A California law firm has filed a putative class-action lawsuit against Ford Motor Company over the automaker’s mileage claims for two of its new hybrid models.

Ford C-MAX hybrid lawsuit
Ford facing class-action lawsuit over allegedly fraudulent C-MAX hybrid fuel economy claims.

The lawsuit, filed in the U.S District Court for the Eastern District of California, charged Ford with making ‘false and misleading’ statements when advertising the fuel efficiency of its 2013 model year C-MAX Hybrid and Fusion Hybrid vehicles. The lawsuit noted that Ford had sold a record number of C-MAX and Fusion hybrids in the first two months of this year only because it had grossly overstated the fuel efficiency of the vehicles. Now, it seems Ford may be shipping cars back to the factory, just as quickly as they were shipped out.

While Ford has claimed the two cars deliver a class-leading 47 miles per gallon, in reality the C-MAX Hybrid and Fusion Hybrid average just 37 mpg, law firm McCuneWright said in complaint. The lawsuit was filed on behalf of Richard Pitkin, a California resident who purchased a C-MAX Hybrid last October. It seeks punitive damages, including full reimbursement of the purchase price, for those who had purchased the vehicles based on Ford’s mileage claims.

Media Brings Situation Into the Spotlight

The lawsuit follows the growing criticism of Ford’s advertising claims from recent quarters. Influential sources, such as Car and Driver, the Wall Street Journal, and Consumer Reports magazine, have all criticized Ford for inflating the mileage statistics of the two hybrid vehicles. In a recent review, Consumer Reports noted that the C-MAX Hybrid got just 35 miles per gallon for city driving and 38 mpg for highway driving. Overall, the C-MAX and Fusion had the largest discrepancies in overall mpg between the numbers claimed by Ford and the numbers achieved during actual driving tests, according to the magazine.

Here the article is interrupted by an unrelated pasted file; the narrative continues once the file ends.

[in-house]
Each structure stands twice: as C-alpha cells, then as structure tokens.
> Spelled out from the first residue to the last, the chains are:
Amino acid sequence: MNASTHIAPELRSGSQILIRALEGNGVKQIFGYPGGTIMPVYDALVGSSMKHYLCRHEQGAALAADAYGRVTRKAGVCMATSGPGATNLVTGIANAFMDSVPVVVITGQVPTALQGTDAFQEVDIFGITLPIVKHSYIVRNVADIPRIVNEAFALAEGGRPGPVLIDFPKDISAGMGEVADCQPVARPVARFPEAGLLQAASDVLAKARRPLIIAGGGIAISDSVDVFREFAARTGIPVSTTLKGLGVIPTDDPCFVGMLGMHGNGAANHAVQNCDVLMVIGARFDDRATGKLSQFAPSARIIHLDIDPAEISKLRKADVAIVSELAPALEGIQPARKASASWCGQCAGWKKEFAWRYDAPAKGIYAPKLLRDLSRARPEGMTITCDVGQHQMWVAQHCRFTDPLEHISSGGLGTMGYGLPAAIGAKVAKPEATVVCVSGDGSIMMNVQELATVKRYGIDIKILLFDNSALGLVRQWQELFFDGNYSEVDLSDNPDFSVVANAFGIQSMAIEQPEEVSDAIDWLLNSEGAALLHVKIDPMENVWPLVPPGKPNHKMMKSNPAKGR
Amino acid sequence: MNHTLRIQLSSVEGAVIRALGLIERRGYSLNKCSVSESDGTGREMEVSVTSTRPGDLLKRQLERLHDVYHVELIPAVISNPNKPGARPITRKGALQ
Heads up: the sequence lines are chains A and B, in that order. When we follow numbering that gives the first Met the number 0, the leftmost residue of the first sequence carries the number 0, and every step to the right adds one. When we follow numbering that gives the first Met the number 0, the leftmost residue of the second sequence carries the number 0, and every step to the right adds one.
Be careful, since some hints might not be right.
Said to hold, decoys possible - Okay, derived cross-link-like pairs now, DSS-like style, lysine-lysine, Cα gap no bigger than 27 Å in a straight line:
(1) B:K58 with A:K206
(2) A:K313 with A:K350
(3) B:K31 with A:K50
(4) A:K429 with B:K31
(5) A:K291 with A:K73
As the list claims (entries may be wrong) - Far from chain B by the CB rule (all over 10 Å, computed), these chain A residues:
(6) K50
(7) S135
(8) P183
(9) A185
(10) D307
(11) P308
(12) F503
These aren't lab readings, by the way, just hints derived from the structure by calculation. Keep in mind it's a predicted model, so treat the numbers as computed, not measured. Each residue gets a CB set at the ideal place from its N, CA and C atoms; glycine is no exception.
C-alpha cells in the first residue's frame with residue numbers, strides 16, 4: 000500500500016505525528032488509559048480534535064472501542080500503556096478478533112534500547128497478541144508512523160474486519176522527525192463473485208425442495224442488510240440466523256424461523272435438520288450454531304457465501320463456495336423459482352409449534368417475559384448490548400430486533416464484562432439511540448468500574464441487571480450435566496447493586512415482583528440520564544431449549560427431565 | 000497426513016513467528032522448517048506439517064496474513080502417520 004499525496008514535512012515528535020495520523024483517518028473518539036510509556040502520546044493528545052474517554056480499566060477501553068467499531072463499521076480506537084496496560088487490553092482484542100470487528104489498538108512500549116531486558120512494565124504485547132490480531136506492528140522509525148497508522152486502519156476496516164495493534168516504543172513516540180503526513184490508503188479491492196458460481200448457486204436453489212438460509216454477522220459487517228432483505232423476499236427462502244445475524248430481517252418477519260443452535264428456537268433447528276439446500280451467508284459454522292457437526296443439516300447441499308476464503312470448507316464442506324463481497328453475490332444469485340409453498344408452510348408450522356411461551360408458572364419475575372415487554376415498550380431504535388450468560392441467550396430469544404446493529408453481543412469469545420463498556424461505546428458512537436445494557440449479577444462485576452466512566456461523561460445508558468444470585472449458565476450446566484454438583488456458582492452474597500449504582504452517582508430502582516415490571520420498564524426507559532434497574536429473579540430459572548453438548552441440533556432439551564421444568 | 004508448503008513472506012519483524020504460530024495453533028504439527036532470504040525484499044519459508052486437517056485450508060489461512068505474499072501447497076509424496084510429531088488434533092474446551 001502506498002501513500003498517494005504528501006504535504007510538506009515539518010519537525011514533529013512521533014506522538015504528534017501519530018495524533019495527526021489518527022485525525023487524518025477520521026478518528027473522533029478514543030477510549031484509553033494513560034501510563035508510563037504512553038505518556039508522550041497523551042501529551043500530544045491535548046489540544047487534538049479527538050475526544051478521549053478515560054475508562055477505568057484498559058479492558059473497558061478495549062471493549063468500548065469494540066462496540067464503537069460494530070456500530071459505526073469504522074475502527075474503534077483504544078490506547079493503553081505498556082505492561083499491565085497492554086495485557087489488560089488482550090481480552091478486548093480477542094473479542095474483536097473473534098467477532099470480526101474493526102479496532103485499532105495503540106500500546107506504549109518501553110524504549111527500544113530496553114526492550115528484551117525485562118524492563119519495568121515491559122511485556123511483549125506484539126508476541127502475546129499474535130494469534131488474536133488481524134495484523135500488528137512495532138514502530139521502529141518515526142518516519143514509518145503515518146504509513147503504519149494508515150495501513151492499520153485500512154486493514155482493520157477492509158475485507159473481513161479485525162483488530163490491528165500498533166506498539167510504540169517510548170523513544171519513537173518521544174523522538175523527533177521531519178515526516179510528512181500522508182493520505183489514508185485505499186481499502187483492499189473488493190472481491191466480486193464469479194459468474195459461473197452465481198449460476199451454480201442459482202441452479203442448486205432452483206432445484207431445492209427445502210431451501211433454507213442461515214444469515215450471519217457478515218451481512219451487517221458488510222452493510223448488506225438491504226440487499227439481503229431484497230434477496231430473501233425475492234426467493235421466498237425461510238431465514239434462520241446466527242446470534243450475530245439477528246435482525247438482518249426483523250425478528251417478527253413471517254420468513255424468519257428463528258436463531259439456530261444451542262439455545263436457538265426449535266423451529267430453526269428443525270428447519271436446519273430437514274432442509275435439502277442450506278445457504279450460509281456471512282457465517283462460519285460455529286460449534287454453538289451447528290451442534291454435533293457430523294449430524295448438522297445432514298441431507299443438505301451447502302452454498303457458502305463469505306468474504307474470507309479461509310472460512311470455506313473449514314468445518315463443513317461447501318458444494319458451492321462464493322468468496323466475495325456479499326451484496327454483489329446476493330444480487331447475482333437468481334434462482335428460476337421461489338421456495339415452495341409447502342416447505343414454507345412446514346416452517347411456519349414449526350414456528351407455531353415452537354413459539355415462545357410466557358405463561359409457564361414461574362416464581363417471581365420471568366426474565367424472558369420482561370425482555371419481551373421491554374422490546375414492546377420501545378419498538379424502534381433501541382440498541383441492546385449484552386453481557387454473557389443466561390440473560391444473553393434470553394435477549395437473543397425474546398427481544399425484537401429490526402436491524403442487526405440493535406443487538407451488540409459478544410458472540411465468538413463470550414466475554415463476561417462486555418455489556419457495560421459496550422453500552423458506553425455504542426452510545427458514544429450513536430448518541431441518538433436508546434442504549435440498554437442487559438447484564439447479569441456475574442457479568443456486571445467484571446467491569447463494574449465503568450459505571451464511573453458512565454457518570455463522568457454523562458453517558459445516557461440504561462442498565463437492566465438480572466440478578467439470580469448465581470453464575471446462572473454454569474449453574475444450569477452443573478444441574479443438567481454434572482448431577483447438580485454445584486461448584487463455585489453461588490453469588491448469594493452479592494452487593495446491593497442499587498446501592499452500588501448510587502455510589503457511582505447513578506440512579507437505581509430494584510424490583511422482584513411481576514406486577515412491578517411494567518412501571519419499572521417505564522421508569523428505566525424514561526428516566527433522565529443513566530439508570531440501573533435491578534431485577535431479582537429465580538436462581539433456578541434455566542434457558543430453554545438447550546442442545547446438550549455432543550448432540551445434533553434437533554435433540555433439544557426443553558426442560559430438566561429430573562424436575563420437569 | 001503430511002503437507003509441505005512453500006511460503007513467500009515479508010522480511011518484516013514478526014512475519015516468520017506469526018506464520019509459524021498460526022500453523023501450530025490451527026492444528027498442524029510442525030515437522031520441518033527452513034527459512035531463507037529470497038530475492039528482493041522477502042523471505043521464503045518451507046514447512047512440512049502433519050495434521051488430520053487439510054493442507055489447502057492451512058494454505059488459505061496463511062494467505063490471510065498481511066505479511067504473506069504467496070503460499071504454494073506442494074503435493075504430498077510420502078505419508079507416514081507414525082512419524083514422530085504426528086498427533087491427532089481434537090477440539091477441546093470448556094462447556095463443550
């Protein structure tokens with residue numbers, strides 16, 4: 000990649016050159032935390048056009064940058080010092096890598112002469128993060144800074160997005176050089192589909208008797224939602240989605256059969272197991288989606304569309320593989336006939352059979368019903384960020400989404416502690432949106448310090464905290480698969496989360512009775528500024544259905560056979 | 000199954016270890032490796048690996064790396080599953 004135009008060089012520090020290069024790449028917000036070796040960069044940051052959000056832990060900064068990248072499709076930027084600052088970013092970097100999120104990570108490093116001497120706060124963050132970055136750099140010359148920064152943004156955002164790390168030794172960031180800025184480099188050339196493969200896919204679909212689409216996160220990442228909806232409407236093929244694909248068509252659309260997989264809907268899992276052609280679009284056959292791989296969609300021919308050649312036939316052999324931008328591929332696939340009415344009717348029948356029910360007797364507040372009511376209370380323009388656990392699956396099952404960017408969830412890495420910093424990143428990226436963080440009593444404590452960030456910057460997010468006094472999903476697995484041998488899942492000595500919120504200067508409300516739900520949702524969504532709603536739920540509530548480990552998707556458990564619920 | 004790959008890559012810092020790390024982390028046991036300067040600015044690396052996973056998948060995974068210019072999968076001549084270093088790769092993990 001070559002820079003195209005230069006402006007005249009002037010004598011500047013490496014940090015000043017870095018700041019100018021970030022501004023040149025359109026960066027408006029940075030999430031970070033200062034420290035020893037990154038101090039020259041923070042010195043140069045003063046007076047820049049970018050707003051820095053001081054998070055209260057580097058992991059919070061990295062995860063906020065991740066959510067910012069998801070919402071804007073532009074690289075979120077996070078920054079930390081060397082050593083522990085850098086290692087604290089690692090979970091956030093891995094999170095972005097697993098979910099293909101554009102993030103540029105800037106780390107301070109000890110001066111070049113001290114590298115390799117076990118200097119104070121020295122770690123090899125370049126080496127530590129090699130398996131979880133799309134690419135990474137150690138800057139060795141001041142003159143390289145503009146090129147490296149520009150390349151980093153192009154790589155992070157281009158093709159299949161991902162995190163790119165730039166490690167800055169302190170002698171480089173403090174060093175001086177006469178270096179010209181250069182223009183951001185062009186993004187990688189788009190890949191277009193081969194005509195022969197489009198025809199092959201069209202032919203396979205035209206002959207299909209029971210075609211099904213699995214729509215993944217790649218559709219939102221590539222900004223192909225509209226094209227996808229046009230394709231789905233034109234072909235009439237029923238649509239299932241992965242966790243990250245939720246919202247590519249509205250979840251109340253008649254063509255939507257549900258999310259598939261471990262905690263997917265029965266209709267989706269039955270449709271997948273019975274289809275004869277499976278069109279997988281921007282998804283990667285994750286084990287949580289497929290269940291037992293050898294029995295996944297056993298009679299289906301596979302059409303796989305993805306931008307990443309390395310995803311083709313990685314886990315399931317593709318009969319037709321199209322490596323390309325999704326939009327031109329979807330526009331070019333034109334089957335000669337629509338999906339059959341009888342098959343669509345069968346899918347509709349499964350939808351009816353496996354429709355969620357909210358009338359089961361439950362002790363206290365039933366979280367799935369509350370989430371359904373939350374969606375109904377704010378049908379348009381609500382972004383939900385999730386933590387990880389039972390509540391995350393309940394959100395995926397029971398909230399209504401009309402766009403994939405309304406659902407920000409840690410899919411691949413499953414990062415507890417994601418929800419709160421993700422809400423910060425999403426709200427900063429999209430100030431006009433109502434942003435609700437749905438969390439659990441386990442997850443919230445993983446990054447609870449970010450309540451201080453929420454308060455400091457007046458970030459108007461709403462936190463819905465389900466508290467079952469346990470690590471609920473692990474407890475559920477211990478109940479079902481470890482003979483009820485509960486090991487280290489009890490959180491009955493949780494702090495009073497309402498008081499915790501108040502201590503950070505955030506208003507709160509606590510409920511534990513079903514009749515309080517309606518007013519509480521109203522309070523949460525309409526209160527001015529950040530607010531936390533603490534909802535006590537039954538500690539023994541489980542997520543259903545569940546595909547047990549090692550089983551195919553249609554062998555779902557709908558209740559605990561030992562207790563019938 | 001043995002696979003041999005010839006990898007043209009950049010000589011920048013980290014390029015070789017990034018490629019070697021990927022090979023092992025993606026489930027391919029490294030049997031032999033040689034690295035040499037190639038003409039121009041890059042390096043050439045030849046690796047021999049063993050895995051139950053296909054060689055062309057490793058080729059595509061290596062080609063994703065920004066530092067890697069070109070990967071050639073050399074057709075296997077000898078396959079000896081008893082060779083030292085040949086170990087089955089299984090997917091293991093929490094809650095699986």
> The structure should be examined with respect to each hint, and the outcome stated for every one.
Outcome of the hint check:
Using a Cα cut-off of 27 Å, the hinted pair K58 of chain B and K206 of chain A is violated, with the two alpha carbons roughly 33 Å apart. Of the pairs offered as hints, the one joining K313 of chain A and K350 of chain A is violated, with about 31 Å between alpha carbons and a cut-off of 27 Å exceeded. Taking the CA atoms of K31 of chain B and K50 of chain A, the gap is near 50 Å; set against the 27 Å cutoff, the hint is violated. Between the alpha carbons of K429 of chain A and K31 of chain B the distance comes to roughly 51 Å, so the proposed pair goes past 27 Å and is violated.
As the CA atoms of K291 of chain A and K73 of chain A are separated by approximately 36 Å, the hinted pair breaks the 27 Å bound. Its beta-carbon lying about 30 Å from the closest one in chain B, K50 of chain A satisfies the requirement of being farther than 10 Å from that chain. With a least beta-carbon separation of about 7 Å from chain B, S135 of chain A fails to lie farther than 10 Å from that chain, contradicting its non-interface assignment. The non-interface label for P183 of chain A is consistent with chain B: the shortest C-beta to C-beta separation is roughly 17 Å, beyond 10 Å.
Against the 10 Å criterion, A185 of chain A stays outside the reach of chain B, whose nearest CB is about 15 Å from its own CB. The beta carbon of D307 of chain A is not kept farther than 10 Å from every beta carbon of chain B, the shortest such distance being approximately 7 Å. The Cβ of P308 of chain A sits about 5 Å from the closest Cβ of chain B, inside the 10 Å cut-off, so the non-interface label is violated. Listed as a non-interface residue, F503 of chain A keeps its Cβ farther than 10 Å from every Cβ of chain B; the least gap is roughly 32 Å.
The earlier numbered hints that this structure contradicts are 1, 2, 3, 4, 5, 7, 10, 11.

In similar testing, Car and Driver reported the C-MAX achieved just 34 miles per gallon during a 67-mile trip. This particular test was conducted with the cruise control active, and maintaining a constant 75 mph. The C-MAX had a combined city and highway fuel economy of just just 32 mpg – far less than Ford’s advertised fuel efficiency, and the Toyota Prius V models. The Wall Street Journal called on Ford to “recalibrate” its claims, after testing the two cars and realizing the actual numbers were nothing close to 47 miles per gallon.

Record Sales Numbers, Now With an Asterisk

The lawsuit comes at a time when Ford has made fuel economy the central theme of its marketing and advertising campaign. In recent advertisements, the company has touted its vehicles as delivering much better fuel economy than comparable cars, including rivals like Toyota. The aggressive marketing campaign has significantly propelled Ford’s sale of hybrid models. In the first two months of this year, sales of the American automaker’s C-MAX and Fusion hybrids have far surpassed the sales of Toyota’s Prius hybrid.

Ford is not the only automaker being criticized for misleading mileage claims. In recent months, other automakers have also come under considerable scrutiny for overstating the fuel economy on their hybrid vehicles. Last year, for example, Kia and Hyundai were forced to publicly retract their mileage claims after the Environmental Protection Agency discovered the two Korean carmakers had inflated the fuel economy on two of their hybrid cars by over six miles per gallon. Both carmakers have agreed to refund money to anyone who had purchased the cars based on the inaccurate mileage claims.

About the Author

Gary Morgan manages the public relations and marketing departments at CarShipping.com, where consumers can compare auto shipping quotes, instantly! To learn more about vehicle shipping and regulations, visit the Federal Motor Carrier Safety Administration.